CTBUH Initiatives

Singapore Visit
12-14 Aug 2009 – Tour Report

Videos

Best Tall Building Asia & Australasia: Pinnacle @ Duxton: Superdensity – Reimagining high-rise housing
21 Oct 2010 – Lawrence Pak, Singapore Housing and Development Board

CTBUH 9th Annual Awards Dinner
21 Oct 2010 – Dinner 2010

Interview: Pinnacle @ Duxton
21 Oct 2010 – Lawrence Pak, Singapore Housing and Development Board

Research Papers

A Tale of Two Singapore Sky Gardens
8 Aug 2017 – CTBUH Journal 2017 Issue III

21st Century Vertical Lifestyles - Intergenerational, Integrated Communities
17 Oct 2016 – Cities to Megacities: Shaping Dense Vertical Urbanism

Replacing Corridors with Sky-Courts to Create Affordable and Socially Desirable High-Rise Housing
17 Oct 2016 – Cities to Megacities: Shaping Dense Vertical Urbanism

More Papers

Papers Related to The [email protected] Block 1C

Papers Related to The [email protected] Block 1C

A Tale of Two Singapore Sky Gardens
8 Aug 2017 – CTBUH Journal 2017 Issue III; Swinal Samant & Na Hsi-En, National University of Singapore
This paper examines the effectiveness of the design strategies used in two HDB developments for encouraging active usage and social interaction. The study was conducted…
21st Century Vertical Lifestyles - Intergenerational, Integrated Communities
17 Oct 2016 – Cities to Megacities: Shaping Dense Vertical Urbanism; Stephan Reinke, Stephan Reinke Architects Limited
How does the 21st Century youth culture of social media integrate and merge with an ever increasing tech savvy senior population? As our cities and urban environments…
Replacing Corridors with Sky-Courts to Create Affordable and Socially Desirable High-Rise Housing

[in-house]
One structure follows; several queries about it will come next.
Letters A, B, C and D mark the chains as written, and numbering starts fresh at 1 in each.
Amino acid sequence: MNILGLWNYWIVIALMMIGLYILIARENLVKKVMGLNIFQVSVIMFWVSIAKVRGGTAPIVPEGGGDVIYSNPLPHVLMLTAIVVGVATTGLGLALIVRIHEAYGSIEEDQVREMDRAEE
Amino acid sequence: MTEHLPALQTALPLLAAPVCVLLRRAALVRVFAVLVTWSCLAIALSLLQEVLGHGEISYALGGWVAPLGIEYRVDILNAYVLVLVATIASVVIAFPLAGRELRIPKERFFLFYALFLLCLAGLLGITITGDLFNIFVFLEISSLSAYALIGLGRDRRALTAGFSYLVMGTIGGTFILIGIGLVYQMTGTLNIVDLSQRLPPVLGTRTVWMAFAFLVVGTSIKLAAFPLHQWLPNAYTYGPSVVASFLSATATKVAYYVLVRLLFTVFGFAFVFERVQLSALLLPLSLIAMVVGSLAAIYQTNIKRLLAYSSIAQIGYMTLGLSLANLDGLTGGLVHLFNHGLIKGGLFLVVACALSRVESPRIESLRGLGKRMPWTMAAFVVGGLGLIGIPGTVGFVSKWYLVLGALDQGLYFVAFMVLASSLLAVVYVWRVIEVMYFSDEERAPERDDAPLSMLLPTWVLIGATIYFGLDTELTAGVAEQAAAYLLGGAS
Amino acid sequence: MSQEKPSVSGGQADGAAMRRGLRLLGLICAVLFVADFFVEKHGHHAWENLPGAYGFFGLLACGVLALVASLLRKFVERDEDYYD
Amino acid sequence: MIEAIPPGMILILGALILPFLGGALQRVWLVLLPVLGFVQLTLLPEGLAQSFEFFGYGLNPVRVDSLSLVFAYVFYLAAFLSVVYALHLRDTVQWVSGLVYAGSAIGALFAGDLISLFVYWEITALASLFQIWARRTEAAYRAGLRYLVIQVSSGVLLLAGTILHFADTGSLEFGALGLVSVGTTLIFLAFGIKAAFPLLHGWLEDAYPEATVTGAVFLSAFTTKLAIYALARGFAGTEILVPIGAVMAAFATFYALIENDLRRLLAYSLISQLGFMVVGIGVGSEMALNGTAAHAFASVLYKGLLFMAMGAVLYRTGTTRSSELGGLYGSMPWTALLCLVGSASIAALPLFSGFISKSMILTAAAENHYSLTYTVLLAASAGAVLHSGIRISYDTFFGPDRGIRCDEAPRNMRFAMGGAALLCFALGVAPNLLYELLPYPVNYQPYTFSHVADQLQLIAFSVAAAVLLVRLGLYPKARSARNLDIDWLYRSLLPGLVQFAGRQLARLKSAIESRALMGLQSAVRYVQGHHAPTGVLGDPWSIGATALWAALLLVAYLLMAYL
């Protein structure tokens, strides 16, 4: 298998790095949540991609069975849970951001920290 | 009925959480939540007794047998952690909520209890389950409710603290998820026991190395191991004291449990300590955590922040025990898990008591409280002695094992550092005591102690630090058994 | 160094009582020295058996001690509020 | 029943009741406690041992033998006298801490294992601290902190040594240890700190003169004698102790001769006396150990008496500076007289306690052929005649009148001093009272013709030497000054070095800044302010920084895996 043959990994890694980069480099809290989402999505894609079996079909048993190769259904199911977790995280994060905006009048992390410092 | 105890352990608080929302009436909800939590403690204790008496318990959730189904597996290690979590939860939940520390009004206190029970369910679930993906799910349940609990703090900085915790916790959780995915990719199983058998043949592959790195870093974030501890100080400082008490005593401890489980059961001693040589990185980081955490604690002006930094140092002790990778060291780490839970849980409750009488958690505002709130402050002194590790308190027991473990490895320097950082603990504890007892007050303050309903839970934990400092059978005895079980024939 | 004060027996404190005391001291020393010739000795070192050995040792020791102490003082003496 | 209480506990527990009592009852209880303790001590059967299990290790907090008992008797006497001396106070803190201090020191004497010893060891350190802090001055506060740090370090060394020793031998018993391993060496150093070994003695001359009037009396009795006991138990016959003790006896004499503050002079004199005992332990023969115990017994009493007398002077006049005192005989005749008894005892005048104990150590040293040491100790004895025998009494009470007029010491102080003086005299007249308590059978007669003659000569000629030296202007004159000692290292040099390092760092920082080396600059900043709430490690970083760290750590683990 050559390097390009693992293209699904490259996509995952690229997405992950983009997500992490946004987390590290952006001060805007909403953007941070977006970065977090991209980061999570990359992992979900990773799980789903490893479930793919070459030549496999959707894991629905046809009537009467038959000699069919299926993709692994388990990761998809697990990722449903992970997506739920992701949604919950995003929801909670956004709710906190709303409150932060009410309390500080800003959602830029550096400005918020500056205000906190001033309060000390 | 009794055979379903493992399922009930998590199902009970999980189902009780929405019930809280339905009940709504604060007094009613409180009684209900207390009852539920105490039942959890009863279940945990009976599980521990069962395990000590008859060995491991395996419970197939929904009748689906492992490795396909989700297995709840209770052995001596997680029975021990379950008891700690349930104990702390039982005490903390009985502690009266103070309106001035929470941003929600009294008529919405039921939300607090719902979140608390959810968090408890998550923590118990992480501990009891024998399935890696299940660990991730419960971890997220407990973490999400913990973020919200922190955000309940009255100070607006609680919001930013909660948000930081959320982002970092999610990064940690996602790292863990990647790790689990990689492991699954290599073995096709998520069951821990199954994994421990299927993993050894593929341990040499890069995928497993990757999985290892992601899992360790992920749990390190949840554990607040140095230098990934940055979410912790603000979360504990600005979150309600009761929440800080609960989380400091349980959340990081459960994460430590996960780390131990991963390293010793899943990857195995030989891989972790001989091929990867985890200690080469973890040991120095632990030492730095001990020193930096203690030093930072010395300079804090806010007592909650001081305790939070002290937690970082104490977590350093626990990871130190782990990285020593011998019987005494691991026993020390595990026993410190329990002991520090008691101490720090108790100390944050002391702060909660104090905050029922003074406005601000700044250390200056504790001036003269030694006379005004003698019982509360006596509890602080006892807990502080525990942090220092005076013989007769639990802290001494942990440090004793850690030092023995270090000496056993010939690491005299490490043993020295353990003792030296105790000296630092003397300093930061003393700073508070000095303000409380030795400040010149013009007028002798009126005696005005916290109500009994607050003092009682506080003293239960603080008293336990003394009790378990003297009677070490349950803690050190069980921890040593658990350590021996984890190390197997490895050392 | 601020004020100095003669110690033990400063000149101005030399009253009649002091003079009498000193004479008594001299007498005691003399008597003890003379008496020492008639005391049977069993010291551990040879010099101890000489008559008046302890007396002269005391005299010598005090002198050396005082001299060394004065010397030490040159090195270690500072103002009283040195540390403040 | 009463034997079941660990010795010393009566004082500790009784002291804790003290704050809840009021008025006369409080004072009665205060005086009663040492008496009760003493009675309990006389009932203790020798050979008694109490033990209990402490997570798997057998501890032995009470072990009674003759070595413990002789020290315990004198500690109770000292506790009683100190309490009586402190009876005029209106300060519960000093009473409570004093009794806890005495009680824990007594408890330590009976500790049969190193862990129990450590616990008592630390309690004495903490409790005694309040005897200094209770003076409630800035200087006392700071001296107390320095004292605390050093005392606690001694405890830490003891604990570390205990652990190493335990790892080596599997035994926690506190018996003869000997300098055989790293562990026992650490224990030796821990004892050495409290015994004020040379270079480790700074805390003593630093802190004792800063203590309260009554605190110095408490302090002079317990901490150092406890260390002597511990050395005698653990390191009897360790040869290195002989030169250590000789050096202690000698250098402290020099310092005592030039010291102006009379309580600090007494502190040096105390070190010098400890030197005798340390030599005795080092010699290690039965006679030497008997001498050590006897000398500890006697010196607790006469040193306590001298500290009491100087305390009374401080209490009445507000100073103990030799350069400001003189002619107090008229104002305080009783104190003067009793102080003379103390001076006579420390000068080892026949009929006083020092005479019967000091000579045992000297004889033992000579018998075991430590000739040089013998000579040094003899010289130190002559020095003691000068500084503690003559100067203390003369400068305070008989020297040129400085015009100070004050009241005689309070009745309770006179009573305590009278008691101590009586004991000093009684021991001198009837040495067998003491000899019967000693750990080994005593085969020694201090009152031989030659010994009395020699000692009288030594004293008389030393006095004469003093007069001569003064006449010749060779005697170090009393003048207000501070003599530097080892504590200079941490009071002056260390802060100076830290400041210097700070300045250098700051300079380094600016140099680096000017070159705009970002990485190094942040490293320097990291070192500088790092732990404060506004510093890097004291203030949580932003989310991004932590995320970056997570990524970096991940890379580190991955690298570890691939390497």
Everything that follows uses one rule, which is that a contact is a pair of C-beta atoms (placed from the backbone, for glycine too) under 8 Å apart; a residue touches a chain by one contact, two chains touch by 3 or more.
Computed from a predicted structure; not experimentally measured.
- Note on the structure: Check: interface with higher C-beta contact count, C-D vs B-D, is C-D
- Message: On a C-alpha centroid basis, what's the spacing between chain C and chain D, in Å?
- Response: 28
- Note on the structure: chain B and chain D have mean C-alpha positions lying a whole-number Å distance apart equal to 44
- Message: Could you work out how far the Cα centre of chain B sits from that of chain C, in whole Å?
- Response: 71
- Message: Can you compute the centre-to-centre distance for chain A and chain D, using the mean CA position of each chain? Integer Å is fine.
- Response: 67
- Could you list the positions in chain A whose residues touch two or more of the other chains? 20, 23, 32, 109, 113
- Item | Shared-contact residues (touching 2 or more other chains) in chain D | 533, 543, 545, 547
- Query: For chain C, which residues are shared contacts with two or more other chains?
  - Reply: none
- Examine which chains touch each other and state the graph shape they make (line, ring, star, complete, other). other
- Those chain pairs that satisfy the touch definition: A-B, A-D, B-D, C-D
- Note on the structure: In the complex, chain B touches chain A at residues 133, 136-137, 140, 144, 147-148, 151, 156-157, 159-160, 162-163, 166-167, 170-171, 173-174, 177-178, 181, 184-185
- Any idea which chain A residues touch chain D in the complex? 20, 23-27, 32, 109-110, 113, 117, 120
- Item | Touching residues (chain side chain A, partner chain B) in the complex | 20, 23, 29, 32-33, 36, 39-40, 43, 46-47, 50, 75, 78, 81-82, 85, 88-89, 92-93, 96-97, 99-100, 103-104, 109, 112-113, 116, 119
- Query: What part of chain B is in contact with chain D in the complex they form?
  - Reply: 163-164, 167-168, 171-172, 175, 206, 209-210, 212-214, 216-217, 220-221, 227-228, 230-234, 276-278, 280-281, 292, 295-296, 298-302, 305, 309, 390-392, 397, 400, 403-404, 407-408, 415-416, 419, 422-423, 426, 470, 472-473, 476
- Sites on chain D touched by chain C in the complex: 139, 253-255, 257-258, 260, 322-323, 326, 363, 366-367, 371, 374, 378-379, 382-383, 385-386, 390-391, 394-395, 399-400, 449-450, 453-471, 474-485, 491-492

17 Oct 2016 – Cities to Megacities: Shaping Dense Vertical Urbanism; Mazlin Ghazali, Arkitek M Ghazali; Tareef Hayat Khan, Universiti Teknologi Malaysia
Studies over the last 60 years have consistently concluded that high-rise housing is less suitable for most people compared to low-rise, especially for children. To…
The Other Side of Tall Buildings: The Urban Habitat
Feb 2016 – CTBUH Journal, 2016 Issue I; Daniel Safarik, CTBUH
A growing number of tall buildings recognized by the CTBUH, through its international awards programs and research, are noteworthy not so much because of their sheer…
Vertical Public Realms: Creating Urban Spaces in the Sky
16 Sep 2014 – CTBUH 2014 Shanghai Conference Proceedings; Dr. Yuri Hadi, Leicester School of Architecture; Professor Tim Heath & Dr. Philip Oldfield, University of Nottingham
The resurgence of the ‘Streets in the Sky’ concept is driving the recent transformation of social and public spaces in vertical cities, with Asia leading the way. The…

Browse hundreds of other papers published by CTBUH members on a range of multi-disciplinary subjects in the Research Papers Library